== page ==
Chronic Venous Insufficiency and Varicose Veins

Arteries bring oxygen-rich blood from your heart to the rest of your body and veins return oxygen-poor blood back to your heart. When your leg veins cannot pump enough blood back to your heart, you have chronic venous insufficiency (CVI).

When sitting or standing for an extensive period of time the blood in your leg veins can pool and increase the venous blood pressure. Deep veins and perforating veins are usually able to withstand short periods of increased pressures. However, sitting or standing for a long time can stretch vein walls because they are flexible. Over time, in susceptible individuals, this can weaken the walls of the veins and damage the vein valves, causing CVI.

Varicose Veins may result due to the repetitive stretching of these veins. Varicose veins are swollen veins that you can see through the skin. They often appear blue and bulging and may be tender to the touch.

Symptoms of CVI may include swelling of the ankles and your calves may feel tight. Your legs may also feel heavy, tired, restless, or achy. You may feel pain while walking or shortly after stopping.

CVI can also cause problems with leg swelling because of the pressure of the blood pooling in the veins. In severe cases, CVI can cause non healing ulcers to form on the lower parts of the leg.

CVI is usually not considered a serious health risk. Your physician’s priority will focus treatment on decreasing your pain and associated disability.

To confirm a diagnosis of CVI, the physician may order a duplex ultrasound. Duplex ultrasound uses painless sound waves higher than human hearing can detect. Duplex ultrasound allows your physician to measure the speed of blood flow and to see the structure of your leg veins.

Your physician may recommend compression stockings initially for mild cases of CVI. Compression stockings are elastic stockings that squeeze your veins and stop excess blood from flowing backward. In this way, compression stockings can often also help heal skin sores and prevent them from returning. You may need to wear compression stockings daily for the rest of your life.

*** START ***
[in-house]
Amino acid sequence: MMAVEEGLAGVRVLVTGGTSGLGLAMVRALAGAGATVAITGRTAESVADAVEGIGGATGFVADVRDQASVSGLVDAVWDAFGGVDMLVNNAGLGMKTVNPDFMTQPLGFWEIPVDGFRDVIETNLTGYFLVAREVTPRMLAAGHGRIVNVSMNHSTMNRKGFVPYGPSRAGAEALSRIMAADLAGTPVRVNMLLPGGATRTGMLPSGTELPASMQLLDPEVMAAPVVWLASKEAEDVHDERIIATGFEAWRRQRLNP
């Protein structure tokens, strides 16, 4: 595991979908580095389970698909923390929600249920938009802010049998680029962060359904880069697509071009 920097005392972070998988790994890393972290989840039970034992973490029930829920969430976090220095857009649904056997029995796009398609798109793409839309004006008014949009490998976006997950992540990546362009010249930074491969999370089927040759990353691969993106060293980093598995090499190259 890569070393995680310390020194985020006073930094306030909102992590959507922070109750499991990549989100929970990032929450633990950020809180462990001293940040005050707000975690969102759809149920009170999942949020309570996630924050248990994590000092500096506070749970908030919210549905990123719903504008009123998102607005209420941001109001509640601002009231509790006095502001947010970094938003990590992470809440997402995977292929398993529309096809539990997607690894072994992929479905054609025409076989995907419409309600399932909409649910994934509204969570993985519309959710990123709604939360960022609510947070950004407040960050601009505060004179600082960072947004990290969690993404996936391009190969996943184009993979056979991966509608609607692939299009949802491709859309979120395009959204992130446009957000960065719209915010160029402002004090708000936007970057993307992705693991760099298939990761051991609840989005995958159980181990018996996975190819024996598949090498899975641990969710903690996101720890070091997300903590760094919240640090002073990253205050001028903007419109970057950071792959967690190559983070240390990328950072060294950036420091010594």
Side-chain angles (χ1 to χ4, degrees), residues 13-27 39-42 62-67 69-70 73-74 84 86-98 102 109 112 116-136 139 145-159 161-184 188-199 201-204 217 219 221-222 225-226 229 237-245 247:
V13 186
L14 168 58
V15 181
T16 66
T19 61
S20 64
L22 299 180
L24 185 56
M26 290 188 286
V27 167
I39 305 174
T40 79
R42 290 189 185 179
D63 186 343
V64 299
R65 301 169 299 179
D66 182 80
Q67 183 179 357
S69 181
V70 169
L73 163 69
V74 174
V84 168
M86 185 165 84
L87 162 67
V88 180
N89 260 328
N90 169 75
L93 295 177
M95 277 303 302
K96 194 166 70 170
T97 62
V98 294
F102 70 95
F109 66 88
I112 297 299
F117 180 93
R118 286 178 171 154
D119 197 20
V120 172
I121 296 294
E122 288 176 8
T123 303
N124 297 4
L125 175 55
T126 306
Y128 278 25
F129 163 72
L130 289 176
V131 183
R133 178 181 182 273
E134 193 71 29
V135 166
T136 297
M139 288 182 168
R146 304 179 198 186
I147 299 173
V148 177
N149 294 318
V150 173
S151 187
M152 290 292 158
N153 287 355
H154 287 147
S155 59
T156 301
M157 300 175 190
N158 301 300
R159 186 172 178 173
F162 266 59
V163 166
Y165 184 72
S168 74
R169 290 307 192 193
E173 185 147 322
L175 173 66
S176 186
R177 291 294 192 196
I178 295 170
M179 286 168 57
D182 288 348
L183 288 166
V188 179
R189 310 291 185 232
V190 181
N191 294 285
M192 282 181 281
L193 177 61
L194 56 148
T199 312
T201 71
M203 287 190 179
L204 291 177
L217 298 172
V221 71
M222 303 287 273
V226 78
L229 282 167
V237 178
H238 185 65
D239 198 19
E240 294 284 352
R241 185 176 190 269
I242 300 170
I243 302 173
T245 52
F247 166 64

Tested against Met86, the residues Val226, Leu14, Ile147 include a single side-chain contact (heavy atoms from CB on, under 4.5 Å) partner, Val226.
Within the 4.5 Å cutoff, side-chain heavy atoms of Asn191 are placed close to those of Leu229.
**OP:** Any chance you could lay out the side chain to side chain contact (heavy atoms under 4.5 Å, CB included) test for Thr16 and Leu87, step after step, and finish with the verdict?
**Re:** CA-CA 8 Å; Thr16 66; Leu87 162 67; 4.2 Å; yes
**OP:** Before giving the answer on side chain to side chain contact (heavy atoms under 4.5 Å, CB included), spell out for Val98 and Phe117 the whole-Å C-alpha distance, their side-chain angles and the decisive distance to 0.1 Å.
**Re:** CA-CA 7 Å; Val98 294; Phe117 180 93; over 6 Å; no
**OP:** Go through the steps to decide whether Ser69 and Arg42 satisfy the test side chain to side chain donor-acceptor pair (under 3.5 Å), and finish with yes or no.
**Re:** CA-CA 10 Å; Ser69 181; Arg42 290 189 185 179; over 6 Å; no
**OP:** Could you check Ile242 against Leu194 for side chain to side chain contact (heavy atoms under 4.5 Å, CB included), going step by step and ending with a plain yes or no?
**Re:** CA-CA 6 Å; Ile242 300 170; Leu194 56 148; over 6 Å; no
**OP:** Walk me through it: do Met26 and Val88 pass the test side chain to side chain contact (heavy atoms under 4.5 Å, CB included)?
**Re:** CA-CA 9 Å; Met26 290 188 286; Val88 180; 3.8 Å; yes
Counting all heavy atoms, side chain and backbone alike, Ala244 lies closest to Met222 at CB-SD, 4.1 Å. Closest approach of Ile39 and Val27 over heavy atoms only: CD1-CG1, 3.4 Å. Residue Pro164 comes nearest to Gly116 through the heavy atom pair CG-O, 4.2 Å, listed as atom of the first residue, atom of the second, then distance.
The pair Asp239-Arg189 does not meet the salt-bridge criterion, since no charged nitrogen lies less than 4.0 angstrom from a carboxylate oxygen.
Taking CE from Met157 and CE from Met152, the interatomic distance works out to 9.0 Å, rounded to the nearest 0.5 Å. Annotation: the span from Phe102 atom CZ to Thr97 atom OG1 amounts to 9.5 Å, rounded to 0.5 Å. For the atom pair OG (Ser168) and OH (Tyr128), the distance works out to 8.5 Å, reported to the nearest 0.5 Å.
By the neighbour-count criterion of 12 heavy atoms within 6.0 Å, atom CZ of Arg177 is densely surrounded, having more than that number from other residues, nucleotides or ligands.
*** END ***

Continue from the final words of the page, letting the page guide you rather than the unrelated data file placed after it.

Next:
Radiofrequency Ablation uses a thin, flexible tube called a catheter inserted into a varicose vein under ultrasound guidance. The thin catheter delivers heat to the vein wall, causing the vein wall to shrink and seal closed as the catheter is withdrawn. Once the diseased vein is closed the blood will flow through other healthy veins.

Radiofrequency Ablation with Stab Phlebectomy is a procedure completed as above and in addition removing varicose veins on the surface of the legs. This procedure involves making tiny punctures or incisions through which the varicose veins are removed.

The incisions are so small no stitches are required. Veins are very collapsible such that even large veins may be removed through the tiny incisions used in this technique. The patient is able to walk following the procedure.

After treatment, a compression bandage and/or compression stocking are worn. Your physician will advise you how long to wear any bandages or compression hose. Many physicians recommend that you walk or resume your normal daily activity within twenty four hours. This reduces pressure in the veins, and increases the flow in the veins and reduces the risk of forming a blood clot.